Russian efforts to influence Macedonia

Russian efforts to influence Macedonia

 Senior Russian President Vladimir Putin's advisers have recently stayed in Macedonia at a new nationalist party in Skopje this is seen as an effort to extend Russian influence to this Balkan country. But analysts think these efforts are pointless as the Macedonian population is largely determined for Euro-Atlantic integration, Voice of Ameria reports.

The Russian efforts for the spread of the influence in Macedonia do not seem to have sparked concerns here but have sparked curiosity about the way the Russian emissaries have chosen for co-workers in Skopje. Aleksandr Dugin, a philosopher and senior advisor to President Vladimir Putin stayed at new party a few days ago in Skopje, non influential party, which changed the name from the People's Movement - to "United Macedonia," according to Russian ruling party, "United Russia".

Analysts estimate that the Russian efforts to spread the ideology are in vain, as the Macedonian people are determined for the country's Euro-Atlantic integration.

Mirce Adamchevski was a correspondent of the Macedonian press in the 1990s in Russia and a connoisseur of the developments there. He says that Dugin has been some years ago in Serbia and Montenegro to open the road of the Russian influence, but that does not find support in Macedonia, according to the analyst.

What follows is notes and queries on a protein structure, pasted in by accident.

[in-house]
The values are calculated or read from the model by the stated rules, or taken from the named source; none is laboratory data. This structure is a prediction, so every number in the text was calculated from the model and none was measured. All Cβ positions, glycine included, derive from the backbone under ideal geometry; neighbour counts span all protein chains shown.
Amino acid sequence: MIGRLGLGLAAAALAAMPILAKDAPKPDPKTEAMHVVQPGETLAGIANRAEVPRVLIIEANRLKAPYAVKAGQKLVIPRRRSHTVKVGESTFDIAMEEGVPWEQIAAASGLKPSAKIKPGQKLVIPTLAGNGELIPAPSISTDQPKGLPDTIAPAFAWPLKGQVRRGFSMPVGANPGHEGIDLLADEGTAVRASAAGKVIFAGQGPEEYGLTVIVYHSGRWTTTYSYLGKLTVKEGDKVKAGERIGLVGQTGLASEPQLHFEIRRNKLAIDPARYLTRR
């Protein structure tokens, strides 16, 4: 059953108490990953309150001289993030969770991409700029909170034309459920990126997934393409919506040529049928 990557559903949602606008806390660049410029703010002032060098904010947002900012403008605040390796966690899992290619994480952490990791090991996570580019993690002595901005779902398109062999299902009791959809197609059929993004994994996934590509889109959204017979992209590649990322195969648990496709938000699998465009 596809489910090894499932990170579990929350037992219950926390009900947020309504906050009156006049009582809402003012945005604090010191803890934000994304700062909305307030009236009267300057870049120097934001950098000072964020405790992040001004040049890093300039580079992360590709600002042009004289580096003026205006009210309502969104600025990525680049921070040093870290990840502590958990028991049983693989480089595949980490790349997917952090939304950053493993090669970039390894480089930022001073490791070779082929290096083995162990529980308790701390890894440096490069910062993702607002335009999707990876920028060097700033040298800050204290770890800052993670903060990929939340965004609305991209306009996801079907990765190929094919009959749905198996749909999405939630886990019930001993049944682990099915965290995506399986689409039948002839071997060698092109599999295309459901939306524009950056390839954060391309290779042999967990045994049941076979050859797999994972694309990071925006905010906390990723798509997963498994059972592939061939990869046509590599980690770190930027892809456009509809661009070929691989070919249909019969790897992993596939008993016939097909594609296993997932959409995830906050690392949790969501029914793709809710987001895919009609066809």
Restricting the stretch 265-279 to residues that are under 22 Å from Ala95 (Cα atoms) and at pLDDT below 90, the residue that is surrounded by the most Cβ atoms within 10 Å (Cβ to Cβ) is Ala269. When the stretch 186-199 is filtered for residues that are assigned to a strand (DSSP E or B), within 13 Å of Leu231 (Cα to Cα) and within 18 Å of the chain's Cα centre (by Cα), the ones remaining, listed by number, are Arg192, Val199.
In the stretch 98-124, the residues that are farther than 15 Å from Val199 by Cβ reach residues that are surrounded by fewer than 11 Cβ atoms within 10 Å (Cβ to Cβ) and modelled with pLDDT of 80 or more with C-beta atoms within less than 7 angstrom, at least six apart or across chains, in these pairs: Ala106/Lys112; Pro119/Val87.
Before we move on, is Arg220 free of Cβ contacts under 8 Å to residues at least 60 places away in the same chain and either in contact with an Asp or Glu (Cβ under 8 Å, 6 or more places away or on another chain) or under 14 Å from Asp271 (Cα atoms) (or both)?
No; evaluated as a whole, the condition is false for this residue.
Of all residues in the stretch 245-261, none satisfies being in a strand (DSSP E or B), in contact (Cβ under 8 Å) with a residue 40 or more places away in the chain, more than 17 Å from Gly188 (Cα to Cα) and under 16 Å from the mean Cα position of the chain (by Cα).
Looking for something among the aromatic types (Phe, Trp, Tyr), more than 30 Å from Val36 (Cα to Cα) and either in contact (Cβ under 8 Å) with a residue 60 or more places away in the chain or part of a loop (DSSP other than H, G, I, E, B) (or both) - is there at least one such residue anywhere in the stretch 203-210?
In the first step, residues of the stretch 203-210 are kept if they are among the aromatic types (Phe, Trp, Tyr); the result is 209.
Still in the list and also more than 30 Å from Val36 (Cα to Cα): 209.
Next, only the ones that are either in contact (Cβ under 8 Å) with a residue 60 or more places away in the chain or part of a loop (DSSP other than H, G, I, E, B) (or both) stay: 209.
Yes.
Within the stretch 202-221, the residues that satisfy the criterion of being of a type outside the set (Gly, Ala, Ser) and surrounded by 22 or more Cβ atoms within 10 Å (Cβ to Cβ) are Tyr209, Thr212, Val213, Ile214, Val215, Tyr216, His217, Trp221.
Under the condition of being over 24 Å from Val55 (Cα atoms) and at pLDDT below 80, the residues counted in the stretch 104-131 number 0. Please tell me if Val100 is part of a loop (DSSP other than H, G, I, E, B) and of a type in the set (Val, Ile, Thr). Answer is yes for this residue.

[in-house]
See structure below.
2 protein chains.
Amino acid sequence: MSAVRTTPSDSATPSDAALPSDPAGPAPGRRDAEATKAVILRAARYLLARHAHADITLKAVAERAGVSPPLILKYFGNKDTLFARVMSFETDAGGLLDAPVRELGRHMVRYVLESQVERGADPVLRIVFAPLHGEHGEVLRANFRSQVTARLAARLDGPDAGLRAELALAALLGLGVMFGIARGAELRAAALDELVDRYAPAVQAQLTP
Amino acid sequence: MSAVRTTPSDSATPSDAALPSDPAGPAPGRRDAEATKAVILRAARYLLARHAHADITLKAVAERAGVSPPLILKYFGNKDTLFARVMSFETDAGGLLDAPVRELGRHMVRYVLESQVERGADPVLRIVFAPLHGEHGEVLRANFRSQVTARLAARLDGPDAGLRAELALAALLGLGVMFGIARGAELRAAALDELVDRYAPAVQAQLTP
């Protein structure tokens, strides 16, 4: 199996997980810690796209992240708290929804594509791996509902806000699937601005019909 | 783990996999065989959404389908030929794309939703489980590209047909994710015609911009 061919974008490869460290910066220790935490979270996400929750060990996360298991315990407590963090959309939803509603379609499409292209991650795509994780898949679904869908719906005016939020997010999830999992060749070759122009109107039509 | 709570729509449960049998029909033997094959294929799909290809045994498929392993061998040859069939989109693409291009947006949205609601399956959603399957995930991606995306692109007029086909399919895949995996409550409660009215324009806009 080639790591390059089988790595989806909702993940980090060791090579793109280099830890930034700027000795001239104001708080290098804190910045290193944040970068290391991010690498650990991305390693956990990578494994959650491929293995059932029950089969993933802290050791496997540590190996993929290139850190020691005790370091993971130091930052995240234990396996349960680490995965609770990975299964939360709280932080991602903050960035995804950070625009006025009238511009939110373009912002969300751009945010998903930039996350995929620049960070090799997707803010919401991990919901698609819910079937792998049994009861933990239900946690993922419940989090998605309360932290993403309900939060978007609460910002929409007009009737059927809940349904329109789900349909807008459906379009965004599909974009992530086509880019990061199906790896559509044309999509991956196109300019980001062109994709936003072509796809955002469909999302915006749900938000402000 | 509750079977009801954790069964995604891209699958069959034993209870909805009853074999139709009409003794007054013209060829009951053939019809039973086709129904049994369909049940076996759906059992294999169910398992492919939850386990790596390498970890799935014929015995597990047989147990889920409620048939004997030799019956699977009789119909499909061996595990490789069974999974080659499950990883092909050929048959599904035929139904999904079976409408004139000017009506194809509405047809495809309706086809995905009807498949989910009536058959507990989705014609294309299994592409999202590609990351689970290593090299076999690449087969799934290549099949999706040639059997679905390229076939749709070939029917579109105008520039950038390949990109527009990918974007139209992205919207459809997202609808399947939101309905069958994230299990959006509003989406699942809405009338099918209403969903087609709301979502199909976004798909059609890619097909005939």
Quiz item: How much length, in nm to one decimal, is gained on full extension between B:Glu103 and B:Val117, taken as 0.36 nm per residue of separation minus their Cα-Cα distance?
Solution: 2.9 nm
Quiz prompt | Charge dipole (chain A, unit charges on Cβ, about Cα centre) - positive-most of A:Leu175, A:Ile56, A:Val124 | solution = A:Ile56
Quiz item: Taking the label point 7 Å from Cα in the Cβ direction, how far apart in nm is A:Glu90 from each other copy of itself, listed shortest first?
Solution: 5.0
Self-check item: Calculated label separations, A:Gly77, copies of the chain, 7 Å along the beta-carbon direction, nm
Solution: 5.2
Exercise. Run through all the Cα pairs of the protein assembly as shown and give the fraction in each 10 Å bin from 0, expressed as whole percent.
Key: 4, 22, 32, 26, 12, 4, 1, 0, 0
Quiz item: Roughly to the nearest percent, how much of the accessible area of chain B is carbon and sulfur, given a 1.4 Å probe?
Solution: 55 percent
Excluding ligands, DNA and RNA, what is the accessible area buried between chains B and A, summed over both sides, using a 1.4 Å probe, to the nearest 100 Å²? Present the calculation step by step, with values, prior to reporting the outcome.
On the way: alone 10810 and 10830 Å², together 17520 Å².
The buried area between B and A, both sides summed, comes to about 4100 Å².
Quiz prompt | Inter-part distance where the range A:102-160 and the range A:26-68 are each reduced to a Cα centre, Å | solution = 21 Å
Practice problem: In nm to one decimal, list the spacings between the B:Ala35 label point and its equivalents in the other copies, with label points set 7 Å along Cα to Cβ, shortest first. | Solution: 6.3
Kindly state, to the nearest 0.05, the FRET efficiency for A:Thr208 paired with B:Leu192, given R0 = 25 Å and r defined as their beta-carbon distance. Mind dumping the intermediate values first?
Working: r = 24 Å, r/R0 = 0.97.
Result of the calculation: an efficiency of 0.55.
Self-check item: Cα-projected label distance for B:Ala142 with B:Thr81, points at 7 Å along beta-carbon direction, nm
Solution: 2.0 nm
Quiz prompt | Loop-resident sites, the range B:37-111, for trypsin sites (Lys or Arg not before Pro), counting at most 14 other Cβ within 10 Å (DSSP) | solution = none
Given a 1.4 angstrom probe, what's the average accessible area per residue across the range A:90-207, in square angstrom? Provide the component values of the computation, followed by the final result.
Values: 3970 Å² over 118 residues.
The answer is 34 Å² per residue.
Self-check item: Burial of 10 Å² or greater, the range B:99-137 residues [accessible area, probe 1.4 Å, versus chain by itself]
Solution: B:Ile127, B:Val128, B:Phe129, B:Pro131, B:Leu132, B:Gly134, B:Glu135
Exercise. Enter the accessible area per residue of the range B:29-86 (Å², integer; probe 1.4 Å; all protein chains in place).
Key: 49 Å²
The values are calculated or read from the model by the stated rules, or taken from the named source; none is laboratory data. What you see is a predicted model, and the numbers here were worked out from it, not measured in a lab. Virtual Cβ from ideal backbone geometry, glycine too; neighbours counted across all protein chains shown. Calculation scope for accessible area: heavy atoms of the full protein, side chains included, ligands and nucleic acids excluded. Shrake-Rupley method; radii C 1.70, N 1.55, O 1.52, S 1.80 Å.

"The Russians forget that Macedonia is neither Montenegro nor Serbia, because in Macedonia the public has expressed more than ¾ for Euro-Atlantic integration, so they can not do what they did in Montenegro or are doing in Serbia," says Adamchevski.

Another analyst, Selim Ibrahimi, says that this depends on the government and political structures in Macedonia on what influence Russia's ideology might have on here.

"Macedonian nationalist political parties and a part of civil society have promoted Russian politics in Macedonia. Now it is up to Prime Minister Zoran Zaev's government to resolve issues with neighboring countries and internal problems so as not to leave room for Russian politics to operate in Macedonia," Ibrahimi says.

Adamchevski says the Russians now found a Macedonian interlocutor, who is Janko Bachev, a person without any influence, as the analyst said, while earlier they had communication with Ivan Stoilkovic's Serbian party, "but Alexander Dugin needed a Macedonian ethnic subject, "the analyst says.

Meanwhile, Ibrahimi estimates that Russian engagements in the Balkans are aimed at countering US policies for a peaceful Balkans.

Russian councilors Dugin and Savin expressed a few days ago in Skopje that "Russia does not obstruct Macedonia nor does interfere in its choice if wants to become part of NATO, but that the West, according to them, is not a good option for Macedonia."
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